Most philosophers took the existence of ethics for granted, as the given, as a historical fact, and were not concerned with discovering its metaphysical cause or objective validation. Many of them attempted to break the traditional monopoly of mysticism in the field of ethics and, allegedly, to define a rational, scientific, nonreligious morality. But their attempts consisted of trying to justify them on social grounds, merely substituting society for God.

The avowed mystics held the arbitrary, unaccountable “will of God” as the standard of the good and as the validation of their ethics. The neomystics replaced it with “the good of society,” thus collapsing into the circularity of a definition such as “the standard of the good is that which is good for society.” This meant, in logic — and, today, in worldwide practice — that “society” stands above any principles of ethics, since it is the source, standard and criterion of ethics, since “the good” is whatever it wills, whatever it happens to assert as its own welfare and pleasure. This meant that “society” may do anything it pleases, since “the good” is whatever it chooses to do because it chooses to do it. And — since there is no such entity as “society,” since society is only a number of individual men — this meant that some men (the majority or any gang that claims to be its spokesman) are ethically entitled to pursue any whims (or any atrocities) they desire to pursue, while other men are ethically obliged to spend their lives in the service of that gang’s desires.

This could hardly be called rational, yet most philosophers have now decided to declare that reason has failed, that ethics is outside the power of reason, that no rational ethics can ever be defined, and that in the field of ethics — in the choice of his values, of his actions, of his pursuits, of his life’s goals — man must be guided by something other than reason. By what? Faith — instinct — intuition — revelation — feeling — taste — urge — wish — whim. Today, as in the past, most philosophers agree that the ultimate standard of ethics is whim (they call it “arbitrary postulate” or “subjective choice” or “emotional commitment”) — and the battle is only over the question of whose whim: one’s own or society’s or the dictator’s or God’s. Whatever else they may disagree about, today’s moralists agree that ethics is a subjective issue and that the three things barred from its field are: reason — mind — reality.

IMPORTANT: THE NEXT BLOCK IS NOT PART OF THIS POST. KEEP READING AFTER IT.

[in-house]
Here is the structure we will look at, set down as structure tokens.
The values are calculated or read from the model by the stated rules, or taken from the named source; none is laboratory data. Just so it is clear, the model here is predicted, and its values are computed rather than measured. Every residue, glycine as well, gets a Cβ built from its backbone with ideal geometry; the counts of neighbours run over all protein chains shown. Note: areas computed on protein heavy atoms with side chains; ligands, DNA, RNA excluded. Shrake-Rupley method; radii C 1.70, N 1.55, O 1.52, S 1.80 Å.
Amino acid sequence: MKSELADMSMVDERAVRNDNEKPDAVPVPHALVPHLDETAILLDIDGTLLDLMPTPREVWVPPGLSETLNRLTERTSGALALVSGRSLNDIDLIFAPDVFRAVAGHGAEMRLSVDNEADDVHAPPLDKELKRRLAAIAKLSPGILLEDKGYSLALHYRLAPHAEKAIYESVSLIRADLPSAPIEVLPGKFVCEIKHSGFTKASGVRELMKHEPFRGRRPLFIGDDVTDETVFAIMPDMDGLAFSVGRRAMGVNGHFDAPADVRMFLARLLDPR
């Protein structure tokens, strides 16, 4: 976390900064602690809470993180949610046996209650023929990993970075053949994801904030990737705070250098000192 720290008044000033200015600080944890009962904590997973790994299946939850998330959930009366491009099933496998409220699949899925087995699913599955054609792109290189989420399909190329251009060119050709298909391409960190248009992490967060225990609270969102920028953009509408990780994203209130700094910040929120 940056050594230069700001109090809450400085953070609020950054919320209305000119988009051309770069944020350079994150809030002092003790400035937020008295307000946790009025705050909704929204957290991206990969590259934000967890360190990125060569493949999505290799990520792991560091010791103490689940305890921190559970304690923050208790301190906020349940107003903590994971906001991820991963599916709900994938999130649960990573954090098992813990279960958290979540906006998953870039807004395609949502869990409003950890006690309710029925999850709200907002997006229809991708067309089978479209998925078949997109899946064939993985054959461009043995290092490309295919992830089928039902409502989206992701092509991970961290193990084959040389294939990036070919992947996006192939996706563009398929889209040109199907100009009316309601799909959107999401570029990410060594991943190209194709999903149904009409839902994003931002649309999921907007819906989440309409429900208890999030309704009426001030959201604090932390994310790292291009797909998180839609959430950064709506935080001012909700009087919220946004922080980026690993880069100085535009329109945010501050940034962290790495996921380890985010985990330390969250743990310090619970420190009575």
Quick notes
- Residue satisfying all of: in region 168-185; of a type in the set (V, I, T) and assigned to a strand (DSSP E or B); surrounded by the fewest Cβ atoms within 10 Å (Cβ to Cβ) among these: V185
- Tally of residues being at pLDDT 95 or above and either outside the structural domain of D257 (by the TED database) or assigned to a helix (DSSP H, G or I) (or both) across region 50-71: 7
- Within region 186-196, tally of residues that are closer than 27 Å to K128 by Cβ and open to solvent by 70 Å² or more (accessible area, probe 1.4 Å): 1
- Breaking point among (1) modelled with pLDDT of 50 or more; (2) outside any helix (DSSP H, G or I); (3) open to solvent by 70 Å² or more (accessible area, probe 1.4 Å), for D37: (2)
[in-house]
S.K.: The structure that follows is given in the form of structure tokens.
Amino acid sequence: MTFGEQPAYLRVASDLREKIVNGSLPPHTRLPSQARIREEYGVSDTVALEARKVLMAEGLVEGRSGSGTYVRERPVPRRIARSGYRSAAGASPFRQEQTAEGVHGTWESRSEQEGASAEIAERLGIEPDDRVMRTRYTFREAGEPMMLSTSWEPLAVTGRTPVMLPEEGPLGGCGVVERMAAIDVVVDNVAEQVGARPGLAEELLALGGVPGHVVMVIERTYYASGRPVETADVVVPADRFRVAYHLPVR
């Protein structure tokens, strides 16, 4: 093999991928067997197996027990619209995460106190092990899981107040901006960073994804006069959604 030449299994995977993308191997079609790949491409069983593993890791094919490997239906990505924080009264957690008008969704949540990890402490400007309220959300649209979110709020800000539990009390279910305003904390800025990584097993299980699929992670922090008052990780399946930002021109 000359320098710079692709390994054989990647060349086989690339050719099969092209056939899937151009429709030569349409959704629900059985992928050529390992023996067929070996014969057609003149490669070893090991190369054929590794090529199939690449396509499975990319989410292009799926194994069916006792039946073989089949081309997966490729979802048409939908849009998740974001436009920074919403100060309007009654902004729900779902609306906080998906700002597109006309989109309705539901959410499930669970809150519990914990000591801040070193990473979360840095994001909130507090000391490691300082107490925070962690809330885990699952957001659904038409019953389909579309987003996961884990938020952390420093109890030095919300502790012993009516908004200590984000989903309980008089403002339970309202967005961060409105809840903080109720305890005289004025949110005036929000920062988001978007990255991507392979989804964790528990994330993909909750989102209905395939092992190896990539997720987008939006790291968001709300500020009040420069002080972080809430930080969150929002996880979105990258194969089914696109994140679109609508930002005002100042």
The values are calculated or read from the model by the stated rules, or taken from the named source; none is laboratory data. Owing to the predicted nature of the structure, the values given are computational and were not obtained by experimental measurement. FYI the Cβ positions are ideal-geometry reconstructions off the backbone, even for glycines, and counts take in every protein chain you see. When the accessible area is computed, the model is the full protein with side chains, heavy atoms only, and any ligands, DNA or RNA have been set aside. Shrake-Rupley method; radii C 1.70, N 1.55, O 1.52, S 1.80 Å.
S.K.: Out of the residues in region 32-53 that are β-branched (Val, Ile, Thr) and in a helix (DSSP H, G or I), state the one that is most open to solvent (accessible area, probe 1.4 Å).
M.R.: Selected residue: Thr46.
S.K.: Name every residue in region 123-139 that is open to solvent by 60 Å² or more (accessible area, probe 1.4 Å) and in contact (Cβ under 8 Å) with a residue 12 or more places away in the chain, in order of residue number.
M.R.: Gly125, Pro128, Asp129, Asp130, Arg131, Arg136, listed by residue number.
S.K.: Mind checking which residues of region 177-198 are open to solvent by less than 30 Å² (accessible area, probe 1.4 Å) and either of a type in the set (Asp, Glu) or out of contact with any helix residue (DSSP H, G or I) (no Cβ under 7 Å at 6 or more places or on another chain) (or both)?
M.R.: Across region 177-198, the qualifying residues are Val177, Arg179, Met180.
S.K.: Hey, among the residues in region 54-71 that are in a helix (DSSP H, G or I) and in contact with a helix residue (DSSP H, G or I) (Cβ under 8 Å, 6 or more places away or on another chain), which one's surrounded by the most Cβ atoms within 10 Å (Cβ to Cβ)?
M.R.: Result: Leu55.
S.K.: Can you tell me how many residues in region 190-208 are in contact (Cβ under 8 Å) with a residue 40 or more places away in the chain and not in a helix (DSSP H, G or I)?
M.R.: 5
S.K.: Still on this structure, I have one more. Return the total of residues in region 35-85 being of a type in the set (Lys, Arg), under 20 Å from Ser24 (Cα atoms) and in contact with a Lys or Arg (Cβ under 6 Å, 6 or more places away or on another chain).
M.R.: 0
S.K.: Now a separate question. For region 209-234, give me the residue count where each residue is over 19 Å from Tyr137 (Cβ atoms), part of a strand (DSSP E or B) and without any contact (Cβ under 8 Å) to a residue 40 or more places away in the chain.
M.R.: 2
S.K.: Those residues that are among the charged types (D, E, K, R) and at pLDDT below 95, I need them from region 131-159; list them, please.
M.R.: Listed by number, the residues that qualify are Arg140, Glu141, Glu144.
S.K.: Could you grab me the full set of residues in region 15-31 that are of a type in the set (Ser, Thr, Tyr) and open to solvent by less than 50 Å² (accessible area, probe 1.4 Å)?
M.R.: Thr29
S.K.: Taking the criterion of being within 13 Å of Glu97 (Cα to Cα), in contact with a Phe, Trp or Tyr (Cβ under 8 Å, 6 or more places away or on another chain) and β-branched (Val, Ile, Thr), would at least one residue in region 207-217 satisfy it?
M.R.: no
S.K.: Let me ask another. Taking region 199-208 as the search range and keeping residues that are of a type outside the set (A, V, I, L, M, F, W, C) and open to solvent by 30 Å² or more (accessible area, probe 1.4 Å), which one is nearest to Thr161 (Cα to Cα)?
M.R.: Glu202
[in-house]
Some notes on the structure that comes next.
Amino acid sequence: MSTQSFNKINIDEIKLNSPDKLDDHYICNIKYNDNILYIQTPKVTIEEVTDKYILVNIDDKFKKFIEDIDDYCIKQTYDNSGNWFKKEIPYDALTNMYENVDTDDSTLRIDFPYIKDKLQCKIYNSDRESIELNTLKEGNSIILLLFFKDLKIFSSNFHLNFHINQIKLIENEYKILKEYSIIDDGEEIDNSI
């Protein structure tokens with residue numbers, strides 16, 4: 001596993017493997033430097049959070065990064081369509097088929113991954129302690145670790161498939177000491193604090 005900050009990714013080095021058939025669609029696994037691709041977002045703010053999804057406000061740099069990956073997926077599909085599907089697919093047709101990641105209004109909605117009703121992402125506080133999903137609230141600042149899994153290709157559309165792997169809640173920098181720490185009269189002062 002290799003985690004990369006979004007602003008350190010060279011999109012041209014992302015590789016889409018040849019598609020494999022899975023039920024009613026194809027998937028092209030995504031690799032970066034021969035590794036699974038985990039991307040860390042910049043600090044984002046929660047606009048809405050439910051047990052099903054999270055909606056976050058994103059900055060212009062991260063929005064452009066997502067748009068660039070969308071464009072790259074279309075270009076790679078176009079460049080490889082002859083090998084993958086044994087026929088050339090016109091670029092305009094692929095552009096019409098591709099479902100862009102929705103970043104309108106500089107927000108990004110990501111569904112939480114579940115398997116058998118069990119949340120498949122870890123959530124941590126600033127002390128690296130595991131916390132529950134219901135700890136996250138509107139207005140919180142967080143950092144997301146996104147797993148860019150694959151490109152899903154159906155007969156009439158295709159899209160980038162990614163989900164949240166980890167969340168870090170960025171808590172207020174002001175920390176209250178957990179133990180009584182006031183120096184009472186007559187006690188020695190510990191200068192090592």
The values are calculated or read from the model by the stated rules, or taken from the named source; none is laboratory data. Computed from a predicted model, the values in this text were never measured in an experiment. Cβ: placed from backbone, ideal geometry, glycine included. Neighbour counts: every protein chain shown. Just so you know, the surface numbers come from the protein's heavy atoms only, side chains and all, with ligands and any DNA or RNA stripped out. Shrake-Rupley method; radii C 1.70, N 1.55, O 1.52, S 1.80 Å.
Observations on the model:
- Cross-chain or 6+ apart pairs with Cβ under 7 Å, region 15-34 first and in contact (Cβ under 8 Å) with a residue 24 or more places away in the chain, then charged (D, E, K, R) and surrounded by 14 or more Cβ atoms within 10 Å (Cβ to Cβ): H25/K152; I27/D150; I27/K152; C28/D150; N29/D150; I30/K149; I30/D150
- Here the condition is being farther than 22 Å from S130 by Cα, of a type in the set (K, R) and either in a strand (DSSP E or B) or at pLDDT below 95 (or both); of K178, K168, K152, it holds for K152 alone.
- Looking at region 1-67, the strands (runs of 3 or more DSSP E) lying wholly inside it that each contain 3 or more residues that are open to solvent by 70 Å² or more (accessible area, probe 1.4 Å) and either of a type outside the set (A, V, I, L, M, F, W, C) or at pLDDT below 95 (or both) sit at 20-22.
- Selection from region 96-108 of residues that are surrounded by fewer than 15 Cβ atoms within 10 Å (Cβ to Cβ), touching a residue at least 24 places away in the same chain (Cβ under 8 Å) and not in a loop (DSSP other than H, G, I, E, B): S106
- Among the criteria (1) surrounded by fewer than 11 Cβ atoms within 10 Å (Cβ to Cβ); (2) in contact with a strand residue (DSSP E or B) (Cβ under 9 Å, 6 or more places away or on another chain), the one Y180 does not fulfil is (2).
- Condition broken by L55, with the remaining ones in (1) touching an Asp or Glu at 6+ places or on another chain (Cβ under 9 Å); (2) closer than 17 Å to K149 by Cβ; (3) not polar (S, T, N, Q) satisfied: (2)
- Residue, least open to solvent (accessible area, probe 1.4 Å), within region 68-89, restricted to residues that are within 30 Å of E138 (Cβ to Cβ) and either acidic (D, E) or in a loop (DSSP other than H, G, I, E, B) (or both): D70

If you wonder why the world is now collapsing to a lower and ever lower rung of hell, this is the reason.

If you want to save civilization, it is this premise of modern ethics — and of all ethical history — that you must challenge.

To challenge the basic premise of any discipline, one must begin at the beginning. In ethics, one must begin by asking: What are values? Why does man need them?

“Value” is that which one acts to gain and/or keep. The concept “value” is not a primary; it presupposes an answer to the question: of value to whom and for what? It presupposes an entity capable of acting to achieve a goal in the face of an alternative. Where no alternative exists, no goals and no values are possible.

I quote from Galt’s speech: “There is only one fundamental alternative in the universe: existence or nonexistence — and it pertains to a single class of entities: to living organisms. The existence of inanimate matter is unconditional, the existence of life is not: it depends on a specific course of action. Matter is indestructible, it changes its forms, but it cannot cease to exist. It is only a living organism that faces a constant alternative: the issue of life or death. Life is a process of self-sustaining and self-generated action. If an organism fails in that action, it dies; its chemical elements remain, but its life goes out of existence. It is only the concept of ‘Life’ that makes the concept of ‘Value’ possible. It is only to a living entity that things can be good or evil.”